Summer is officially here! Running in the summer requires special care to avoid health issues such as dehydration, hyponatremia, heat exhaustion and heat stroke.

It is vital that we stay well-hydrated not only for our running performance but for our overall health.  Signs that you may be dehydrated include excessive thirst, dry mouth, dry skin, decreased volume and darker urine, fatigue, headache and dizziness. Drinking water throughout each day is the best way to stay hydrated.

How much should we drink?
There are a few general guidelines to drinking. Three of these guidelines are drinking eight eight-ounce glasses per day, drinking 2/3 of your body weight in ounces per day, or men should drink 125 ounces and women should drink 91 ounces. One should consider other sources of water like other beverages or fruit when determining how much to drink.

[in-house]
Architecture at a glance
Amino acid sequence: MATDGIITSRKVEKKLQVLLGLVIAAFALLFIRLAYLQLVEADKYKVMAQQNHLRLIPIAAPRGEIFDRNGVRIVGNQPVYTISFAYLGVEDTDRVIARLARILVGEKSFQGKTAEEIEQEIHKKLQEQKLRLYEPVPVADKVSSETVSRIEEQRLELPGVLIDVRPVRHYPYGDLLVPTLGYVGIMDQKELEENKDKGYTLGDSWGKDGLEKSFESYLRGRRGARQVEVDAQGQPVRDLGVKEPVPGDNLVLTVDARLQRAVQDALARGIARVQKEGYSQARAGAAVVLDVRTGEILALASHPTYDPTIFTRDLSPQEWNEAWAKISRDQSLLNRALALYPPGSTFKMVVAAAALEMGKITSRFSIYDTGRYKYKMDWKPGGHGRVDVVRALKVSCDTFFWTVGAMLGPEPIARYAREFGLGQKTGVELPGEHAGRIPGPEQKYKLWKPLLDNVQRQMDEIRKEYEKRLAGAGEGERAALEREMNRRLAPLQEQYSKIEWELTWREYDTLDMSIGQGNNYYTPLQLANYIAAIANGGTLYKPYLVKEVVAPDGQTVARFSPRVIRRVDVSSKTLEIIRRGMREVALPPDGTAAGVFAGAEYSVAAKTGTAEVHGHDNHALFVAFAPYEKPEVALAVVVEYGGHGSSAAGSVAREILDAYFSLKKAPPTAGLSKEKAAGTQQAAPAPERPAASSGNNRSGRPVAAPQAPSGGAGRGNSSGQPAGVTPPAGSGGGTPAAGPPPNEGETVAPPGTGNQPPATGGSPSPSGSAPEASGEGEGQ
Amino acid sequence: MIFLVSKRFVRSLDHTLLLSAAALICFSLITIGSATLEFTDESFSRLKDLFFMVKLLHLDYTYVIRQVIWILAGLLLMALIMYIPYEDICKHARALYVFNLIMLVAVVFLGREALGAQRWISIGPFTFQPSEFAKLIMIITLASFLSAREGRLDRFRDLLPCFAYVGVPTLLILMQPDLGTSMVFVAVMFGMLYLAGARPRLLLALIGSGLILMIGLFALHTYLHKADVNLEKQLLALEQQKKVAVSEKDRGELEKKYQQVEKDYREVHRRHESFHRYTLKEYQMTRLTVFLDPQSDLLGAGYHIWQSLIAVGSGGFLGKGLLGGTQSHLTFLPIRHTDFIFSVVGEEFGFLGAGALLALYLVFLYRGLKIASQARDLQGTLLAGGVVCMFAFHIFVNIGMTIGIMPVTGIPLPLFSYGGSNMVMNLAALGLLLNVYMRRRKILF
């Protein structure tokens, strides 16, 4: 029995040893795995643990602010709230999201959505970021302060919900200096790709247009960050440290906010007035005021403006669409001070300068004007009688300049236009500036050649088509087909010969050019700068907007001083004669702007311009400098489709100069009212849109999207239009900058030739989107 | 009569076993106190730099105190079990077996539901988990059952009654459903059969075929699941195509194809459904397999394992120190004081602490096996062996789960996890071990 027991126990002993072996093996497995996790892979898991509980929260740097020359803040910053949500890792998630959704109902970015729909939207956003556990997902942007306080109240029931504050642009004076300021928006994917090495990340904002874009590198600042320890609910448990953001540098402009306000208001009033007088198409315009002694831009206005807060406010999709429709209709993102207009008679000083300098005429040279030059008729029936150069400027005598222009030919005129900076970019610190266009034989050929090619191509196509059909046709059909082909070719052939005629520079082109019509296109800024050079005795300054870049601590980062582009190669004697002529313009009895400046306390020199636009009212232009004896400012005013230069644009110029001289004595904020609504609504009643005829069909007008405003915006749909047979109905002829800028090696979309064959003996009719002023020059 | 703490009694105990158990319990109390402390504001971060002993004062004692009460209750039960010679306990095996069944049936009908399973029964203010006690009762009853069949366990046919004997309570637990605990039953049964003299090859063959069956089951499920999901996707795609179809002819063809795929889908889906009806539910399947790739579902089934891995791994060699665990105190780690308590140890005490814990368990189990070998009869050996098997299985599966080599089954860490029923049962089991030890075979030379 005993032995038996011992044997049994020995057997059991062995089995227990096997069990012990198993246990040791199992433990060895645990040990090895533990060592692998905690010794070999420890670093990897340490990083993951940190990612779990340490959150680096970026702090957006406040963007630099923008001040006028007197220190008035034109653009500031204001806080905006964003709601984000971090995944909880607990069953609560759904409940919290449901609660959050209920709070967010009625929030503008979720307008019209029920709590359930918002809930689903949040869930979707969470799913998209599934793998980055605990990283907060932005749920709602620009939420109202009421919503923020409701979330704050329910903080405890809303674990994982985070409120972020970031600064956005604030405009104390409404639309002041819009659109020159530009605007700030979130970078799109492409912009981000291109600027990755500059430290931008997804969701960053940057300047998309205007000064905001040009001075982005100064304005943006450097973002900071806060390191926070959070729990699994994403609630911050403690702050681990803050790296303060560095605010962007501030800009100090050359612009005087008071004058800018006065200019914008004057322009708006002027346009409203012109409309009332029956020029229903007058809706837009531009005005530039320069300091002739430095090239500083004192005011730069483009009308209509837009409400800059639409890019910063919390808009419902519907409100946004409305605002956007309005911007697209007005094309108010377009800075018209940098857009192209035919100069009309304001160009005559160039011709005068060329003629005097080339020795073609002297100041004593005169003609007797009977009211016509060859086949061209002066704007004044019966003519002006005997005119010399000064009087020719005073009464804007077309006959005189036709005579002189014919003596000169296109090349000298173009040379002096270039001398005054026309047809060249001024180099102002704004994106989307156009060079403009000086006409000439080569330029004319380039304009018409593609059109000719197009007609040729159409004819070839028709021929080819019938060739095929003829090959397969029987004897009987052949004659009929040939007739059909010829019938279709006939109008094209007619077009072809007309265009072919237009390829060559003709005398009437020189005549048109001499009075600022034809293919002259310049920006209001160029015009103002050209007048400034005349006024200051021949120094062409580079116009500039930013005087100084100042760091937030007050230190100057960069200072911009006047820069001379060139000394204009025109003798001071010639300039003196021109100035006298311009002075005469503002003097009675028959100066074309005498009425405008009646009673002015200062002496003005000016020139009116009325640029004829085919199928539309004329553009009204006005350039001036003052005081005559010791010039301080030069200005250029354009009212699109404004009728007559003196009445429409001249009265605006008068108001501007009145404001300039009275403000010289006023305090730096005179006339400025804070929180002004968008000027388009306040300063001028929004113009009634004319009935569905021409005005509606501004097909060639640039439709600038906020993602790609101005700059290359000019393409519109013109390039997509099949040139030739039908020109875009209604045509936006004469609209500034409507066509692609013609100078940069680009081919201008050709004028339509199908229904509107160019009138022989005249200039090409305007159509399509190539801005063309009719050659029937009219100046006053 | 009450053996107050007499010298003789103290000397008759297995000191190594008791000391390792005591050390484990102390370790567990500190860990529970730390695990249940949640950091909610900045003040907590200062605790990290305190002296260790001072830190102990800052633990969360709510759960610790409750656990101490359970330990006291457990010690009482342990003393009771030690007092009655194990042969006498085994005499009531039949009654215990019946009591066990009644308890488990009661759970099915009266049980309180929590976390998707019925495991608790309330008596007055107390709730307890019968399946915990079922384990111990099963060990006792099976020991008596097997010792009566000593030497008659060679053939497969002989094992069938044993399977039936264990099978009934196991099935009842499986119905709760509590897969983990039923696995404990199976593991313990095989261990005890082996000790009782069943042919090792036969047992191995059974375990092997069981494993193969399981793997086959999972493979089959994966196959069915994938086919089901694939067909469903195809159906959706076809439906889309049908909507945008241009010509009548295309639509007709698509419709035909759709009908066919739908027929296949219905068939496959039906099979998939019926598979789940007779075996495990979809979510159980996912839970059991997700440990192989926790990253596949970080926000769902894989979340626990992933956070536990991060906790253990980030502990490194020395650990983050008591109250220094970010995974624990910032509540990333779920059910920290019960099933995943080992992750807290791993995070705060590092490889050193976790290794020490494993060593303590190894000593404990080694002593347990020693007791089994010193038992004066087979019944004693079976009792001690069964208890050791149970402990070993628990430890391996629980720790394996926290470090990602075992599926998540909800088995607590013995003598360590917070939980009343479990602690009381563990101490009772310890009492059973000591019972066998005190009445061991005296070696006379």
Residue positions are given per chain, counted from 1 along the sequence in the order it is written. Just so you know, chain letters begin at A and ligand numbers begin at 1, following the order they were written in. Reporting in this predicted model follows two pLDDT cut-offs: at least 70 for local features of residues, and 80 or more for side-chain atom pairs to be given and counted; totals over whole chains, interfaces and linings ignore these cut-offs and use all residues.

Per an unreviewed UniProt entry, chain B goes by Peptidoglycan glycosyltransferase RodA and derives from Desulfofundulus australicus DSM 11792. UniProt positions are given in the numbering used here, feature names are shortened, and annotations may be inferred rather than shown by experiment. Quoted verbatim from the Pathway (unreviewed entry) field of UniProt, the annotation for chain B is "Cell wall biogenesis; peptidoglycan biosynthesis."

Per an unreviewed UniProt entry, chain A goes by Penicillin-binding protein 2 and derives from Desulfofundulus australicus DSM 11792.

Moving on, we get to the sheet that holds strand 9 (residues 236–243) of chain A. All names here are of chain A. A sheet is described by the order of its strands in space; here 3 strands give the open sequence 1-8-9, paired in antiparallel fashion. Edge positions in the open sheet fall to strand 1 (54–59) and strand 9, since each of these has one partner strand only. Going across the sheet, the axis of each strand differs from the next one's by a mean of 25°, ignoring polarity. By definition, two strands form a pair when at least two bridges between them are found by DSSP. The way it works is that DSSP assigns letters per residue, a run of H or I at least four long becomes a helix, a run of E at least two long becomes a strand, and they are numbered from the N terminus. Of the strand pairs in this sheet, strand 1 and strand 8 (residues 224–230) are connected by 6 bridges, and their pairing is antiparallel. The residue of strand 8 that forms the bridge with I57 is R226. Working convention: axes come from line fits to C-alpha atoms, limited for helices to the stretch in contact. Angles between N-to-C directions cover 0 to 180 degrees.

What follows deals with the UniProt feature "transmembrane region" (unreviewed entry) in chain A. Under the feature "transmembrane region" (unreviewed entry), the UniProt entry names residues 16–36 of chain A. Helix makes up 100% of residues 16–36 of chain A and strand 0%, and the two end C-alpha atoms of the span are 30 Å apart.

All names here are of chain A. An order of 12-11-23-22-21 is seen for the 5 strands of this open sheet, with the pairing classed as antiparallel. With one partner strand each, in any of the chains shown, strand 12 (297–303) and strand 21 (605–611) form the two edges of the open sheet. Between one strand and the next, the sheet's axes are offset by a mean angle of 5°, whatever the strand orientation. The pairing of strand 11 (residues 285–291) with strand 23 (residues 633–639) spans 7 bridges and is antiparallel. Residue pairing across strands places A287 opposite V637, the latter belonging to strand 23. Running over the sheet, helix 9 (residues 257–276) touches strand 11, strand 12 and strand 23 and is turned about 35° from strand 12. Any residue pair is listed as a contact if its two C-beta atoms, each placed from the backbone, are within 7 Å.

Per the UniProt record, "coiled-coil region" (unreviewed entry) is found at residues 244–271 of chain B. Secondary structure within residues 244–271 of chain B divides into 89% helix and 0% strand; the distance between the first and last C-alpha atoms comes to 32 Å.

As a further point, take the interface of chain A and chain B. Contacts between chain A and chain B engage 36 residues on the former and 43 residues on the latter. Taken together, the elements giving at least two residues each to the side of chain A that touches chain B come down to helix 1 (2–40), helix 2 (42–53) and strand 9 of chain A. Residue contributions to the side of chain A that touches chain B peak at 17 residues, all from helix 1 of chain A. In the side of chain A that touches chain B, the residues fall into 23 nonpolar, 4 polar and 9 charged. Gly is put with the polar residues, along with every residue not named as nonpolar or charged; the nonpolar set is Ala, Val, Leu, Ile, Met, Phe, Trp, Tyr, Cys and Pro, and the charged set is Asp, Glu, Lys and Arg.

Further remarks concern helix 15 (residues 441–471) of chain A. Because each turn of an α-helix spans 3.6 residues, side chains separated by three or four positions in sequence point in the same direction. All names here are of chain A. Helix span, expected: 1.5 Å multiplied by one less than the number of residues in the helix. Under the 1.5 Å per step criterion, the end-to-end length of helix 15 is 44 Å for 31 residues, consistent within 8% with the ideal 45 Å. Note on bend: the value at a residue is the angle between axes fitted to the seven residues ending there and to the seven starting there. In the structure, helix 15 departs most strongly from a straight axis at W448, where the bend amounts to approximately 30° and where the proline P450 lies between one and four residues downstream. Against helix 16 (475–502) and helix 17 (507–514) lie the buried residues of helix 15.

Monitoring your urine output and color, which should be light yellow, is a quick, easy way to know if we’re drinking enough during the day.  Dark yellow or orange urine is a sign of dehydration.

Special considerations for runners
Athletes need to drink more that the average person particularly in the summer since we lose water through sweat. To determine how much additional water you should consume while exercising, calculate your sweat rate. Before a run of at least 30 minutes (an hour would be ideal), weigh yourself without clothes. Run as you normally would and drink water if you need to. Weigh yourself again without clothes after you run and after you have stopped sweating. The difference in your weight plus anything you had to drink between weigh-ins is your sweat rate. Use this as a guide to determine how much water you drink immediately before or during your run. You should plan to drink during runs longer than 45 minutes.

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